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Road Tests

Ford KA

Nobody does it better than the new KA

Have you seen the latest James Bond thrillathon yet? As ever, Ford product placement abounds. You might remember the Mondeo with the wobbly door in Casino Royale. That’s because it wasn’t a real Mondeo but a prototype, necessary because filming happened long before the car was launched.

Now there’s a new Ford Ka in Quantum of Solace, performing feats of such rapid manoeuvrability that you’ll want one immediately for your city commute. Again the car/Ka is a prototype, but this one is very true to life. I know, because I’ve just driven the final production version.

It didn’t cause a truckload of coffins to tumble into the road, nor was Olga Kurylenko my co-driver. But I had a good time nevertheless, which is vital if the new Ka is to be true to type.

That’s because the smallest, cheapest Ford has always been extremely good fun to drive. That and its cute, rounded but edgy looks have helped to keep it selling strongly for 12 years and 1.4 million examples, 500,000 of them in the UK. Back in 1996, when I drove a pre-production example at Ford’s proving ground in Belgium and was blown away by the zippy agility on offer, no one guessed it would stay in production so long. A

Ka is the sort of car that makes you question the need for anything grander. But things have changed in 12 years. Buyers demand quieter, safer cars with more equipment, three demands that directly conflict with a Ka’s lightweight simplicity. If the new one can meet those demands and still behave as a Ka should, then a miracle will have been achieved.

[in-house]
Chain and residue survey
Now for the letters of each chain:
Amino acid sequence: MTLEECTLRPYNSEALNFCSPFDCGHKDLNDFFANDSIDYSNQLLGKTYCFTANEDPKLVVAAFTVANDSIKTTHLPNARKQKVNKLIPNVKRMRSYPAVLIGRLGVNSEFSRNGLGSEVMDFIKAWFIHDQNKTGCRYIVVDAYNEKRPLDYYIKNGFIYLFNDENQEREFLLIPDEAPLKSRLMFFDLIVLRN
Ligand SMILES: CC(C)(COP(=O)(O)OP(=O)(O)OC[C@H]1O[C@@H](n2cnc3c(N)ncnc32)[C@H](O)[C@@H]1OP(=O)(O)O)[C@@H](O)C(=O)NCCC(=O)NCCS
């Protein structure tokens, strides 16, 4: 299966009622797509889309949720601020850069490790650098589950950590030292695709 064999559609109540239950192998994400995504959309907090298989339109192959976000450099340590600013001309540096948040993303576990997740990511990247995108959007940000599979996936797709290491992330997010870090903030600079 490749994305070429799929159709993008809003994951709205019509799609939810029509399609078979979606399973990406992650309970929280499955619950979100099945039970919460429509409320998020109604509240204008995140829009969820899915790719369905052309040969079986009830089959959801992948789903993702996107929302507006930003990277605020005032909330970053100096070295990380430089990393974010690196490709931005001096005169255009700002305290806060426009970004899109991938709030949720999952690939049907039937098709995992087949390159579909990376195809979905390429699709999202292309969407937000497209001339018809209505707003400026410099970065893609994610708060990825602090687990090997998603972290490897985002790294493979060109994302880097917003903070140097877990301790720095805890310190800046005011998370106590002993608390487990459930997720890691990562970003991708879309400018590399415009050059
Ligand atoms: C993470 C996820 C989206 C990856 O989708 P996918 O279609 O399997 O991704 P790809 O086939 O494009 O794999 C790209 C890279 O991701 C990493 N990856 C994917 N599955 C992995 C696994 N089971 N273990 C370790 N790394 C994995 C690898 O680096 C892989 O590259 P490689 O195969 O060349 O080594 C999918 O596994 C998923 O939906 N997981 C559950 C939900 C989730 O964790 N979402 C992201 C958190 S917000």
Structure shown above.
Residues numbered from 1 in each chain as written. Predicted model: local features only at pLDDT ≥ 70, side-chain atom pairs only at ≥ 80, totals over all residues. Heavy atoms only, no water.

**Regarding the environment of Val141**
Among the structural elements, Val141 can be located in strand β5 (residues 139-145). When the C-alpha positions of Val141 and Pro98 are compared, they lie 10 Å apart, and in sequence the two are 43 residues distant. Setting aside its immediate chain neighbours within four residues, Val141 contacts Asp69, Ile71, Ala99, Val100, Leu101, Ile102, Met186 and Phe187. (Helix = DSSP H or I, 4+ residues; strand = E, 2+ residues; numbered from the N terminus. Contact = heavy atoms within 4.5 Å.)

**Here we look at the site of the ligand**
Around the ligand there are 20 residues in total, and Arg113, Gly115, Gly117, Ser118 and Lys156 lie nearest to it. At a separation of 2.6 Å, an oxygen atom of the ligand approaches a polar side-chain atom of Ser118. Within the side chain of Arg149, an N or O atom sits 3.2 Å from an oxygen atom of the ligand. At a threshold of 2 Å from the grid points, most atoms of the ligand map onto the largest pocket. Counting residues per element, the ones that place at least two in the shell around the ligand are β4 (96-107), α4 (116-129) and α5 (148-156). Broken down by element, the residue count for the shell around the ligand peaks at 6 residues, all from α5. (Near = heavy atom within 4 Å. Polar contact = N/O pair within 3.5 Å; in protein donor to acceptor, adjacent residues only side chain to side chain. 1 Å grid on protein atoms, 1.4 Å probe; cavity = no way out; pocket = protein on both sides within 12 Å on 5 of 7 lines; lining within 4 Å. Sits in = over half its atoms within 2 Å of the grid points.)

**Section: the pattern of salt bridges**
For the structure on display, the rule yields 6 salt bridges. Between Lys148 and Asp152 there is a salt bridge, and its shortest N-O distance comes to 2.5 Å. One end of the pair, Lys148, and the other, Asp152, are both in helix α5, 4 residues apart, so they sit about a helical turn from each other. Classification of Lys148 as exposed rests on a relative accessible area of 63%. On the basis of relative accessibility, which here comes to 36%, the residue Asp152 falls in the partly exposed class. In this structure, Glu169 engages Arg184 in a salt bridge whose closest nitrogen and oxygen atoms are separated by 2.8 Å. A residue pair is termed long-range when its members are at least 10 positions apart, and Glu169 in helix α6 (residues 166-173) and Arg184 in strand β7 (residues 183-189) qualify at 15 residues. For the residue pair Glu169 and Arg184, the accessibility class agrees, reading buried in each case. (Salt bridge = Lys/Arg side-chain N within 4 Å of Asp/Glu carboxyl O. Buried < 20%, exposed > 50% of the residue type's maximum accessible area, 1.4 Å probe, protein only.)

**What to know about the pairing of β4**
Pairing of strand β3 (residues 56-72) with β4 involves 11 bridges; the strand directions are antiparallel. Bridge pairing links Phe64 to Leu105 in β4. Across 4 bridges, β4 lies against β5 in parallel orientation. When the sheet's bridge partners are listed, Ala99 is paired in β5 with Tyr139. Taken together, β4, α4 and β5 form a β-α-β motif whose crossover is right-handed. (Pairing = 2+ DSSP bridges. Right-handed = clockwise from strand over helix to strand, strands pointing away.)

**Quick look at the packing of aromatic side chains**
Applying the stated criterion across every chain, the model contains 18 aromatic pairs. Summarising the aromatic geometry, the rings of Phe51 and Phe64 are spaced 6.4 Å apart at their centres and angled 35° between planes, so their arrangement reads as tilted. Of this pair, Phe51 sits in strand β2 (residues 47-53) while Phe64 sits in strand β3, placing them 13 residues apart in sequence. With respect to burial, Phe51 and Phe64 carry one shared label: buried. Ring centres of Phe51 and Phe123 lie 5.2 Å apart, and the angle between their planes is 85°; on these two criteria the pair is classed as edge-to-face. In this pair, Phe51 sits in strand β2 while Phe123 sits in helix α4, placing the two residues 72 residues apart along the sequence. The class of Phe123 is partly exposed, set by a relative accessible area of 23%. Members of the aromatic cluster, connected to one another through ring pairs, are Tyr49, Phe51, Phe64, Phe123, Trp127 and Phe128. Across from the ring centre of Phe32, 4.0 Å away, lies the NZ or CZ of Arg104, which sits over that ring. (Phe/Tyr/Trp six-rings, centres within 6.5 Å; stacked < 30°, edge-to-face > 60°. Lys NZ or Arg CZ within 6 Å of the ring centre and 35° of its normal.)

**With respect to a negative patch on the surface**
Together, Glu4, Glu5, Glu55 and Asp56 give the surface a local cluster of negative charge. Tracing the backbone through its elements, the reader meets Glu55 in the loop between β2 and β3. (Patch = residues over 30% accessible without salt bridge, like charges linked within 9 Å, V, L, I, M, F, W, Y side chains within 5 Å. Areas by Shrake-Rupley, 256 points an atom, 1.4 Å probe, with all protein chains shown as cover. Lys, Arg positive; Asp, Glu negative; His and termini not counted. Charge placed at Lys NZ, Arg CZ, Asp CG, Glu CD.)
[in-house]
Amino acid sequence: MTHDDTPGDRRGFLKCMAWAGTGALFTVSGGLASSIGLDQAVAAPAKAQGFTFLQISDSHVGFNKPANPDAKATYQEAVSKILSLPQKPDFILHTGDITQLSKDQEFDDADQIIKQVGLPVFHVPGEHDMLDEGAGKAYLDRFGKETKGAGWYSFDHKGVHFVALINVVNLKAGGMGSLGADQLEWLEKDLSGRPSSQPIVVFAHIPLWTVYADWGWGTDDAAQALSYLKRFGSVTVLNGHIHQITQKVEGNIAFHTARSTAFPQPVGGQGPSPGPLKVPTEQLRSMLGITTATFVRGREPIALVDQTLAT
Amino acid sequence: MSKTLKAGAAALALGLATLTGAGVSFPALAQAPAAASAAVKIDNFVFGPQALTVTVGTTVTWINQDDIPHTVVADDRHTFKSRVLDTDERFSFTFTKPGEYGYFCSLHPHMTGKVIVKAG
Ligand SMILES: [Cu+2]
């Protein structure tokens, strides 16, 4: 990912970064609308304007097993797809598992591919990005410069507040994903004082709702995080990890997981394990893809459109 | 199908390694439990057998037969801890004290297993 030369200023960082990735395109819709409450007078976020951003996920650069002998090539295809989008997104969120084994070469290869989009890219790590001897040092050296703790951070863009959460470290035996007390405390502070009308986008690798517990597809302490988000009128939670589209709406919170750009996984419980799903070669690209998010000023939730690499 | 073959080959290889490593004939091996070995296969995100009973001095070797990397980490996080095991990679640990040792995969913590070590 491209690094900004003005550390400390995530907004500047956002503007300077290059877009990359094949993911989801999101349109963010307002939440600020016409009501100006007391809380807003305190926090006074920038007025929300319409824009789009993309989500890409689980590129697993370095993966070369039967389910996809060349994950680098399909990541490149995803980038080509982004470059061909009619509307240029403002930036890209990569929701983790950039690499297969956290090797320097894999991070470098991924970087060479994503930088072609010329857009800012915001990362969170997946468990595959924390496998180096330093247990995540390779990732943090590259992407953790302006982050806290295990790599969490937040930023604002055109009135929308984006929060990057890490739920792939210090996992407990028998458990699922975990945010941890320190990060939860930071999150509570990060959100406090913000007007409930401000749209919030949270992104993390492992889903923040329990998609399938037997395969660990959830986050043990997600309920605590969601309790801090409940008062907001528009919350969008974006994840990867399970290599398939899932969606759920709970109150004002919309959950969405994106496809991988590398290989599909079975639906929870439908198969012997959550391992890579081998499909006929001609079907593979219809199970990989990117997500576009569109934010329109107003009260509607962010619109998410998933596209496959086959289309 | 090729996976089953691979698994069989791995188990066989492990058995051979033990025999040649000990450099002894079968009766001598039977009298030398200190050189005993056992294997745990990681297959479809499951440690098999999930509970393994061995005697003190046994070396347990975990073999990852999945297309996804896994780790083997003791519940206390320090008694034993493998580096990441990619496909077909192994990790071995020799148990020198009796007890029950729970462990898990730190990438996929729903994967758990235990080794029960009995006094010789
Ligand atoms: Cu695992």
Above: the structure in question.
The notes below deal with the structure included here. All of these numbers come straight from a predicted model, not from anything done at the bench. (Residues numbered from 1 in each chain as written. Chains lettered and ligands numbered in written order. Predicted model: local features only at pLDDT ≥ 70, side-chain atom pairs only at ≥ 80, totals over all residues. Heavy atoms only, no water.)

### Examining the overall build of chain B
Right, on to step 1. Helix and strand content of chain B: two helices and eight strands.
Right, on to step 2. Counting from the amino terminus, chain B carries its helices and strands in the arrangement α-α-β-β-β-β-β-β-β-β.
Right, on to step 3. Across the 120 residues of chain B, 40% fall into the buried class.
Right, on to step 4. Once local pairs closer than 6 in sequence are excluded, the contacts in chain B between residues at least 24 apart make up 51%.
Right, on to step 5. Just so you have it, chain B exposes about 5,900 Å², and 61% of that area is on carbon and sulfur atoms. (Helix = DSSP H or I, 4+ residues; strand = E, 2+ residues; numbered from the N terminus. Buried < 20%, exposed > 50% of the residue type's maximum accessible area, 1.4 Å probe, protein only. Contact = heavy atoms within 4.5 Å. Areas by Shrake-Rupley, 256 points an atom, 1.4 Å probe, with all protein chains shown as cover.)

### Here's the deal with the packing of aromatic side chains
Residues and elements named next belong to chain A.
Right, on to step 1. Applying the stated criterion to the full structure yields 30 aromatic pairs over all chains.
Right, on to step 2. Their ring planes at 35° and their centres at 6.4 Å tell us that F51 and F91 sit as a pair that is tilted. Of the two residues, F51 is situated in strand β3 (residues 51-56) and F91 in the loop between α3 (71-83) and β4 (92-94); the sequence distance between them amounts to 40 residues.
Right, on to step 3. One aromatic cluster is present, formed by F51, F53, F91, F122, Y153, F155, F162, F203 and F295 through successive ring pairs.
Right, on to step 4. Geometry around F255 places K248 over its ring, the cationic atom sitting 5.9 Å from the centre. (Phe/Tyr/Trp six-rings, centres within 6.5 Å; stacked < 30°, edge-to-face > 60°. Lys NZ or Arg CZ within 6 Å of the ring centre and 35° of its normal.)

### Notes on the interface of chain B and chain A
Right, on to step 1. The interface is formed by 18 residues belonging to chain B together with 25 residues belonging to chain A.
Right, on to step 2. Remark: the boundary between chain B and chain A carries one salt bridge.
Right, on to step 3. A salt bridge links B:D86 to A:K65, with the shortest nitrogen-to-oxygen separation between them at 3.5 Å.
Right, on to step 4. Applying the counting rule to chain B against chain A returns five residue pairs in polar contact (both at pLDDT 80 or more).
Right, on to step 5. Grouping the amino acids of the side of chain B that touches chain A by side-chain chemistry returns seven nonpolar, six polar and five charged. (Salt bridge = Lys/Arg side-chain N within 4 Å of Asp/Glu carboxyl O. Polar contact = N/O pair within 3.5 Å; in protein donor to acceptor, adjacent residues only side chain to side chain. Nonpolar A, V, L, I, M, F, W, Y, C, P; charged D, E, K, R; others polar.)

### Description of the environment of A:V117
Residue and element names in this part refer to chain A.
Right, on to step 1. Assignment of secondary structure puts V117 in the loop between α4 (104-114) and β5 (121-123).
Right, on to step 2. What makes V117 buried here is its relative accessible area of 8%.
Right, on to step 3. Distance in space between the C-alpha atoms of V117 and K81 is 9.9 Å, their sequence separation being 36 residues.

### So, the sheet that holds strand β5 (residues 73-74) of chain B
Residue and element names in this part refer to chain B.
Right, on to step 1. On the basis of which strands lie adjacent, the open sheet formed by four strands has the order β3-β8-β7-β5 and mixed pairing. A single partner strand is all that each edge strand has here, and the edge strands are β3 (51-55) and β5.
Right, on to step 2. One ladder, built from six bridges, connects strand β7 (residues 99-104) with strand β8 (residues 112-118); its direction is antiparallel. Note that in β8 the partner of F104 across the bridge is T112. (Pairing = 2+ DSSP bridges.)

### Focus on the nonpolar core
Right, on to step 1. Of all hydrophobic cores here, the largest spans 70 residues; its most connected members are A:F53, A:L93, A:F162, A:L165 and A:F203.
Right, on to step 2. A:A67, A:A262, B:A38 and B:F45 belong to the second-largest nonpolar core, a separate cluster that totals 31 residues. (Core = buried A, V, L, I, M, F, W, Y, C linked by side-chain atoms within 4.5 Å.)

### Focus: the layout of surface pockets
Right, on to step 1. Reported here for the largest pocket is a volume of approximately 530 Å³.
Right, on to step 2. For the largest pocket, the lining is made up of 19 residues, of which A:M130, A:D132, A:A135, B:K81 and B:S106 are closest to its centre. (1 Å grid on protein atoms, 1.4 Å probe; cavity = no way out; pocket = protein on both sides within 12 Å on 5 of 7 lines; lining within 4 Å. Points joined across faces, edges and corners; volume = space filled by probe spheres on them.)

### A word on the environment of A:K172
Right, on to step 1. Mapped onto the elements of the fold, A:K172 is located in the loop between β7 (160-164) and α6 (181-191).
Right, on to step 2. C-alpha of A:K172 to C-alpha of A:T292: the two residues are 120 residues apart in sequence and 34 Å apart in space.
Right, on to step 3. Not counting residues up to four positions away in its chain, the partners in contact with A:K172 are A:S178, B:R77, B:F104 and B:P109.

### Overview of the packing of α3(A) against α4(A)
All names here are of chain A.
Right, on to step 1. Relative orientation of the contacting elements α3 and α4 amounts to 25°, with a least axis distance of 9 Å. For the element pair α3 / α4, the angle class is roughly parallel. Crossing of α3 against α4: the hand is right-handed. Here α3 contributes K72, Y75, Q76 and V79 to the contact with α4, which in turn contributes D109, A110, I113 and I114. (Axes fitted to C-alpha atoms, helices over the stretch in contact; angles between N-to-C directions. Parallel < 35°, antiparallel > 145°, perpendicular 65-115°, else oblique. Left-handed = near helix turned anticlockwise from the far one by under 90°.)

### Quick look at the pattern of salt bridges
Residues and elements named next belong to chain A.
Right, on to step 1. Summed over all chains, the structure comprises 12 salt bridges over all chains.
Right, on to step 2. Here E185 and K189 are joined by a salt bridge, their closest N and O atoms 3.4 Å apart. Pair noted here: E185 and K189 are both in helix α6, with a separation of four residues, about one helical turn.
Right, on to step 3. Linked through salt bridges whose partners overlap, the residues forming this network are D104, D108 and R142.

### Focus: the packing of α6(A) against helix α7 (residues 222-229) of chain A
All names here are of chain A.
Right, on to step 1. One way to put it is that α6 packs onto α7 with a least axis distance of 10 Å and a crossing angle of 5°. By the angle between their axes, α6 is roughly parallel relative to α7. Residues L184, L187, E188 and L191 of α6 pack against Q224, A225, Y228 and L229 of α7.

The first Ka was loosely based on the guts of an early-1990s Fiesta. Two generations later, the Fiesta has grown too big. So Ford struck a deal with Fiat while the latter was developing the 500 from its Panda starting point, having discovered that the 500’s silhouette is not greatly different from a Ka’s. The resulting new Ka is built in Fiat’s factory near Krakow in Poland, and uses a high percentage of unseen common parts including the engines.

But the way a Fiat drives is not the way a Ford drives. The likeable 500’s one big flaw is the way it bounces and fidgets over bumps. Such a trait might be suggestive of a sporting character, yet the 500 actually feels a bit stodgy in corners. Fords are almost always among the very best in their mix of driver-pleasing handling and a comfortable ride, so something had to be done.

Thus the Ka has softer springs and dampers but gains a stiff anti-roll bar at the back, which counteracts the leaning you’d otherwise get with softer springs while also helping the Ka to point more keenly into corners. It works very well, making the Ka feel more fun, more comfortable and more Ford-like. The electric power steering is recalibrated, too, but that’s the

least convincing part of the transformation. The old car’s hydraulic system sapped more energy but gave it a transparency of response not replicated in the new one.

Engines? There’s a modest 1.2-litre petrol engine with 69bhp (same as the old Ka) and, for the top Zetec models only, the option of a 75bhp, 1.3-litre turbodiesel. Few will buy this one in the UK as it costs £10,195 and gives no real CO2-based tax advantage. (Even the petrol one is rated at just 119g/km.) It’s punchier at low speeds but neither Ka will be bought for pace.

As for the looks, it’s a clever remake of the original idea with a trapezoidal front air intake. It’s no longer but about four inches taller, so you both sit higher and have more room above your head. That takes away some of the old Ka’s go-kart feel, but there’s more room inside and the optional styling packs add fun of a different sort. There’s a Digital Art one with big splashes of lime green, or Grand Prix with stripes, or even a Ka covered with tattoos.

So did the miracle happen? Not quite, but the Ka is still the most new-car fun you’ll buy for £7,995.